Granola is among the most adaptable things, and lends itself to endless variation.  If you like more or less of an ingredient, go ahead and alter it!  Chances are, you will find a version that you can’t live without.  It also stores well in a glass container (I use canning jars) for several weeks, or if you like, you can freeze it indefinitely.  One of our favorite recipes recently, I adapted from Marisa at
Food In Jars.  If you have a honey allergy, try using maple syrup or brown rice syrup if you can find it - it is a delicious alternative!

Granola (adapted from Marisa McClellan)

4 c. rolled oats
1 c. chopped walnuts
¼ c. sesame seeds
1/4 c. sunflower seeds
½ c. coconut (I like
this unsweetened version from Let’s Do Organic!)
¼ c. flax meal (you can grind whole flax seeds in a spice or coffee grinder)
pinch of salt
scant ¼ c. oil (olive or canola, I don’t mind the flavor of olive oil – but some do.)
scant ½ c. honey
1 c. dried fruit (I usually use raisins and dried cranberries)

Preheat oven to 325.  Mix all ingredients except oil, honey and dried fruit in a large bowl.  In a small mixing bowl, whisk oil and honey until well combined.  Pour over the dry ingredients and stir thoroughly.  Spread out onto a large rimmed baking sheet (or two sheets if you have smaller pans).  You can first line the pans with parchment paper if you are worried about sticking, or want easier clean-up.  Roast for 30-40 minutes, stirring every 8-10 minutes until the granola is as nicely brown as you would like it to be.  Let it cool on the counter to nearly room temperature before adding the dried fruit, and stir it in well to combine.  Enjoy it out of hand, on yogurt, with milk, even on ice cream!

Luc helping me make corn tortillas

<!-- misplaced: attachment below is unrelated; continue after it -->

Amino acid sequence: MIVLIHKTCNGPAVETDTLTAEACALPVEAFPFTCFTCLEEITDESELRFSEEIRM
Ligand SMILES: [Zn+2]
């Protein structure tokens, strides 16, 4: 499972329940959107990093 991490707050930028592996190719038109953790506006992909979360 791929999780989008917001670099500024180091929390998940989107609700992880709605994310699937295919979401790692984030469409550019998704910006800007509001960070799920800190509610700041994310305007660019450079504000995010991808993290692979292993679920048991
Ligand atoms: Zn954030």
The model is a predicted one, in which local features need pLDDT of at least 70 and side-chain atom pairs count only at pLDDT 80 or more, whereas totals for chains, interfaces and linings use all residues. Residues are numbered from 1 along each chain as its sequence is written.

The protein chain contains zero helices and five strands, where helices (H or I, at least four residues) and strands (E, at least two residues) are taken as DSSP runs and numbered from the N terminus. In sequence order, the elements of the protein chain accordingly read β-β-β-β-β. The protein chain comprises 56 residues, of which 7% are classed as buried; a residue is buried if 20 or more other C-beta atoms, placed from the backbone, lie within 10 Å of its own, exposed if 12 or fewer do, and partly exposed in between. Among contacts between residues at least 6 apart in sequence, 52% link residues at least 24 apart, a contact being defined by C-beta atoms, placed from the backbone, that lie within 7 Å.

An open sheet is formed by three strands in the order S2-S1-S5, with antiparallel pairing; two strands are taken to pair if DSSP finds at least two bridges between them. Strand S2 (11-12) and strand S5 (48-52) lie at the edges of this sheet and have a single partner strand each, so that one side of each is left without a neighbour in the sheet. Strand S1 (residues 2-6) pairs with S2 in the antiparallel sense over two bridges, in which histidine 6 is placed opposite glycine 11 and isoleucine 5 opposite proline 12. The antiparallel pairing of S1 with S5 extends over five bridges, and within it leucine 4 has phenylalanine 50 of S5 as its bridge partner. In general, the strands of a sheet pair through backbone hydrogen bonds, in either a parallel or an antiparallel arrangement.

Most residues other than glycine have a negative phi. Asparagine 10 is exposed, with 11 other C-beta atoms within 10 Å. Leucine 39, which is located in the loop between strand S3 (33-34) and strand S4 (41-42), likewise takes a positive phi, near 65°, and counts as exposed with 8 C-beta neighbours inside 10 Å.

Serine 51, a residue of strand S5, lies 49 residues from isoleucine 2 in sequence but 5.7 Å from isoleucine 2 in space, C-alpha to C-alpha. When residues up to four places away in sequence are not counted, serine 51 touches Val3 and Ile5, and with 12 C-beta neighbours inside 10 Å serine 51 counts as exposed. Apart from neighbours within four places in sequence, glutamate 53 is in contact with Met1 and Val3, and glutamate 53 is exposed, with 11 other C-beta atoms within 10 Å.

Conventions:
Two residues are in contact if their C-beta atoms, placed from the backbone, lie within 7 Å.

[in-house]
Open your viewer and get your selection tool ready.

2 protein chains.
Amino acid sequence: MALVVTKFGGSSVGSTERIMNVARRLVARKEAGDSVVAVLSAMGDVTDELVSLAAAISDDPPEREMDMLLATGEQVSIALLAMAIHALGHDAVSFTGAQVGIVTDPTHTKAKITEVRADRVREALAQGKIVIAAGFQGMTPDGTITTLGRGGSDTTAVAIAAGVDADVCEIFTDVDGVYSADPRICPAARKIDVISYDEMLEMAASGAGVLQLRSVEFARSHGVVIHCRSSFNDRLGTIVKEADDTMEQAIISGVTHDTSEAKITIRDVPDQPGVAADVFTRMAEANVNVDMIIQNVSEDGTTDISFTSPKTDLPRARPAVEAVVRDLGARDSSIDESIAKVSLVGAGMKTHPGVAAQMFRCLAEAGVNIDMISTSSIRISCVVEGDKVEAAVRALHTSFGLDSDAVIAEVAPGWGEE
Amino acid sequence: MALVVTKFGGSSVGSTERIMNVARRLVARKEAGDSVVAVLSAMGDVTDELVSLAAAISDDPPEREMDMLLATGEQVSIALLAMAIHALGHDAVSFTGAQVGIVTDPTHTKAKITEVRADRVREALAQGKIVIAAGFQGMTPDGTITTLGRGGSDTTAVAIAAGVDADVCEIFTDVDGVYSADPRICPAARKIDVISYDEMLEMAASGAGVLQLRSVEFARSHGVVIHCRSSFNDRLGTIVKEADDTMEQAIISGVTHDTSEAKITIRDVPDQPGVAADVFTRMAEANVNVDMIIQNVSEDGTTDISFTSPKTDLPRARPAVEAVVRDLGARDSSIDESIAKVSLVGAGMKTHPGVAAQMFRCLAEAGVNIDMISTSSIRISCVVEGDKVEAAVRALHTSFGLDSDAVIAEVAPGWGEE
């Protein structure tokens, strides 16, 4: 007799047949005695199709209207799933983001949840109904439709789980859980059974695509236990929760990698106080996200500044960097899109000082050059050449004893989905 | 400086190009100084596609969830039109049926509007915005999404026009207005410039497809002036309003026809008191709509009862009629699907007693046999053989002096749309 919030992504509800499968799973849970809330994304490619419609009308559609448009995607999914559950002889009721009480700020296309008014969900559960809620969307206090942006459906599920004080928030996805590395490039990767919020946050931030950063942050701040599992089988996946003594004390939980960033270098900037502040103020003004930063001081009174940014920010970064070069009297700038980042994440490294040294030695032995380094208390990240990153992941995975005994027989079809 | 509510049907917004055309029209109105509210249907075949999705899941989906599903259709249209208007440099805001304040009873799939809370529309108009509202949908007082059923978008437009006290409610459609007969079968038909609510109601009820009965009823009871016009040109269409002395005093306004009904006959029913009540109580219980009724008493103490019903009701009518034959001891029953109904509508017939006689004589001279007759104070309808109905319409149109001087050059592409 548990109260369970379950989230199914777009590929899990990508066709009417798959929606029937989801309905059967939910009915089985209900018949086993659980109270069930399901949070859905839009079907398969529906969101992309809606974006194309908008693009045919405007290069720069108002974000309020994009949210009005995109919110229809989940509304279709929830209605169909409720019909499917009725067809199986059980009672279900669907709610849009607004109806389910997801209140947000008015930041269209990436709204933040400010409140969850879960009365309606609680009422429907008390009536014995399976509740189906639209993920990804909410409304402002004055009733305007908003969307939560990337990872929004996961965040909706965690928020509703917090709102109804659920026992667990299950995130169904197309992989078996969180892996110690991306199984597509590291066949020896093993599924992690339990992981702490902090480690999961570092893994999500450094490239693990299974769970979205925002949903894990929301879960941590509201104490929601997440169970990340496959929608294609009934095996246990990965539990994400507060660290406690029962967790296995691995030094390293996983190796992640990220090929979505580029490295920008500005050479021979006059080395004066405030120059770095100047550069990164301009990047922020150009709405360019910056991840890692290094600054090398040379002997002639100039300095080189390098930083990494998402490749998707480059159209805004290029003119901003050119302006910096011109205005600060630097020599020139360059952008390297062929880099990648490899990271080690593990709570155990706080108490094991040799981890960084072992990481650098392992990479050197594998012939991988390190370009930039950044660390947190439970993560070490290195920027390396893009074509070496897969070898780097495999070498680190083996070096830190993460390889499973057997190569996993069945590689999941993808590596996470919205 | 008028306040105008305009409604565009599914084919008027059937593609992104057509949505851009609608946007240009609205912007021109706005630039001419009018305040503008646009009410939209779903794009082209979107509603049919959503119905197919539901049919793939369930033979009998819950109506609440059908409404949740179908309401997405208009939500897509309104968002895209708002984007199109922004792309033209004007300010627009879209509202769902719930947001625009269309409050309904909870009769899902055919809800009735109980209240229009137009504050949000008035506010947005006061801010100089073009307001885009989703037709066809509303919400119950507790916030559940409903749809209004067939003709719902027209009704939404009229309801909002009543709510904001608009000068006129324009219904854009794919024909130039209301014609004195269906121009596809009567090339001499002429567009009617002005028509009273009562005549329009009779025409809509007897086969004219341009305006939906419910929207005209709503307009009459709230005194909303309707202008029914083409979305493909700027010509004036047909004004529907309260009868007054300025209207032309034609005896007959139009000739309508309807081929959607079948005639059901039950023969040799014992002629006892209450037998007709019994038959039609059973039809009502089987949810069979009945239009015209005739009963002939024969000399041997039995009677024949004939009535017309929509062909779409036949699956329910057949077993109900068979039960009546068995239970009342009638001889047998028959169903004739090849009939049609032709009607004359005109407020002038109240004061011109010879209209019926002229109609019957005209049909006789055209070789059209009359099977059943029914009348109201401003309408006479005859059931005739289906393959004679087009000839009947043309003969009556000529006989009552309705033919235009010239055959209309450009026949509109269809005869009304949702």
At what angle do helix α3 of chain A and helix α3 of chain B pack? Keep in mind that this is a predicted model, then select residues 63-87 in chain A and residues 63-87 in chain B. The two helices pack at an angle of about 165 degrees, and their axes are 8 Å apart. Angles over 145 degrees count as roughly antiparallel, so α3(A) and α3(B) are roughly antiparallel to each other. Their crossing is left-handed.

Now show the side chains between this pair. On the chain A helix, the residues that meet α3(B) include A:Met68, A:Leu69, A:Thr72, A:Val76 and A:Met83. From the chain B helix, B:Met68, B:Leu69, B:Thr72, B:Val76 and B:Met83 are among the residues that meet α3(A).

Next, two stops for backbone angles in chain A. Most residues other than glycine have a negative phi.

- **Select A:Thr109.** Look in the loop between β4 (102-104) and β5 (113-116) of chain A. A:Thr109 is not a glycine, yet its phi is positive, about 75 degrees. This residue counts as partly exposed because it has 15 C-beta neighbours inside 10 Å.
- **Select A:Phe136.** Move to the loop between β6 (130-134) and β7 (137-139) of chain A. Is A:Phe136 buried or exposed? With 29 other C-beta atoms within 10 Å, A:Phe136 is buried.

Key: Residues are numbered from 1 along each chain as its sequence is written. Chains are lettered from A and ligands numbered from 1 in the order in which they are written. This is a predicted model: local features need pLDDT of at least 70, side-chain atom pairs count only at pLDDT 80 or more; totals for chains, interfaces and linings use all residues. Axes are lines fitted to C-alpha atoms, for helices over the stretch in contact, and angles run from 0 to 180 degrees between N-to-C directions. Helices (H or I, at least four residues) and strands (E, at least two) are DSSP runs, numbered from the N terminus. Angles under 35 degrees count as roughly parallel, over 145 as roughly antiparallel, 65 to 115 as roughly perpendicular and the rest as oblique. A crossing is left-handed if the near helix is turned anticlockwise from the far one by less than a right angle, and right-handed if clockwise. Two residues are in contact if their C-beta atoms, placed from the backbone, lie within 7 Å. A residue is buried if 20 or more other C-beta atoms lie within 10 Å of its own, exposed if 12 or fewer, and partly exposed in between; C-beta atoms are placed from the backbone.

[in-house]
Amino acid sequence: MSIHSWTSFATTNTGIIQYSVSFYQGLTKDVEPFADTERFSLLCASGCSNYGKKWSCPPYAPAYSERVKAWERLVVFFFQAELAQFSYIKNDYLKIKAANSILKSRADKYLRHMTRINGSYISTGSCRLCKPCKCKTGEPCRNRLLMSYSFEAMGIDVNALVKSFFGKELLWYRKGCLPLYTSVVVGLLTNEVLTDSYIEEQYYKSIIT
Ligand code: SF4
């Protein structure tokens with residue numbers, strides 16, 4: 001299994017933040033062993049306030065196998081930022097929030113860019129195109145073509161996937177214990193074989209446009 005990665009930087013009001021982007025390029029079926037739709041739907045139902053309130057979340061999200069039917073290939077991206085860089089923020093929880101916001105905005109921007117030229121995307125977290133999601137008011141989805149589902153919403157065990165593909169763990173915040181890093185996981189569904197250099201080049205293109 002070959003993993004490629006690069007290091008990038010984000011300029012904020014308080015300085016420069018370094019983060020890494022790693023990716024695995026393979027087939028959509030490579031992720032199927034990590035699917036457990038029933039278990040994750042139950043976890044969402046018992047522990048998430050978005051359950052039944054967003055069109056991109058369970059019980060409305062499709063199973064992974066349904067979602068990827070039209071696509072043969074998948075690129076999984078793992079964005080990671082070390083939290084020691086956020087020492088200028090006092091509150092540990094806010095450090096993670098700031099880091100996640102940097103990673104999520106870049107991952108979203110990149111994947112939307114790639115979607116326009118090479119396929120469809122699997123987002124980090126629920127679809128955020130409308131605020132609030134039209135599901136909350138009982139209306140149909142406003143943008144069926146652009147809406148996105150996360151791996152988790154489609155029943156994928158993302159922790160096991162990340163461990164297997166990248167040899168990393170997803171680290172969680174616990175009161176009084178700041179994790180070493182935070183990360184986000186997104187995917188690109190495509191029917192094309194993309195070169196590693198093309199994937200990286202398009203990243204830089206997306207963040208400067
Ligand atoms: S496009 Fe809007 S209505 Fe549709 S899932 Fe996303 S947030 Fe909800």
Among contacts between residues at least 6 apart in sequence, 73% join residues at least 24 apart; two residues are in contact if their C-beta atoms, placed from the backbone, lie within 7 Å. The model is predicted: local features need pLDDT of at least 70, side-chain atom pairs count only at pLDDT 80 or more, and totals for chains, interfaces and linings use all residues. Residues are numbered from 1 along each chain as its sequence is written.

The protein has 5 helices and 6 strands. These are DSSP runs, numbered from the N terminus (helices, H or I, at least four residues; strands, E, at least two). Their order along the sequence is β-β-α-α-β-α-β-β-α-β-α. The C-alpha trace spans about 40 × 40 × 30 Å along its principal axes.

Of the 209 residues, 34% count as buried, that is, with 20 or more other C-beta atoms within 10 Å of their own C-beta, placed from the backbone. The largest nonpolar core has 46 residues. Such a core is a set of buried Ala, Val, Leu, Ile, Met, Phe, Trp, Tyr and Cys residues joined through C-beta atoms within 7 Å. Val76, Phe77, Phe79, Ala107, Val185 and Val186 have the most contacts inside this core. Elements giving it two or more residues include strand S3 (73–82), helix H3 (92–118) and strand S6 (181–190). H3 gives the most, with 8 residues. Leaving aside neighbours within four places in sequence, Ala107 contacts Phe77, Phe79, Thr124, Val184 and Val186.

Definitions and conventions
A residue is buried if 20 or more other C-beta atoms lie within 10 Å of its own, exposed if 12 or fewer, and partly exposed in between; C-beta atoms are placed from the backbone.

I’m excited that my son now enjoys helping me with simple tasks in the kitchen, and am looking forward to days when he may grow out of his pickiness.  But you know, instead of looking forward to it too much, I’m learning to appreciate each and every day for what it brings. I am reminded that my own Mother couldn’t get me to do what she felt was best for me at the time, but then her quiet example and steadfastness stuck with me as I grew up.  I am happy that he does enjoy eating some healthful things, and I need to remember to enjoy watching his progress along the way.  He is growing, after all, and I know he is in good health. Every day I can be home with him is such a gift, and one I never want to take for granted!


  1. I think some of the best and most noble things we experience in life have been passed down to us from our parents. In fact, a parent's ability to lead by example is one of the most powerful tools in this Universe.

    You're right, though -- there's no such thing as instant gratification in parenting. Although I'm not a parent myself, I can name very few aspects of my life and value system that weren't somehow shaped by those wonderful people I call my parents.

  2. Oh so good to hear that someone who loves food as much as you do has a picky child. I LOVE food and my boys hate it. Dinner time for them is a constant heartache for me. Have started reading your blog recently and am really enjoying it.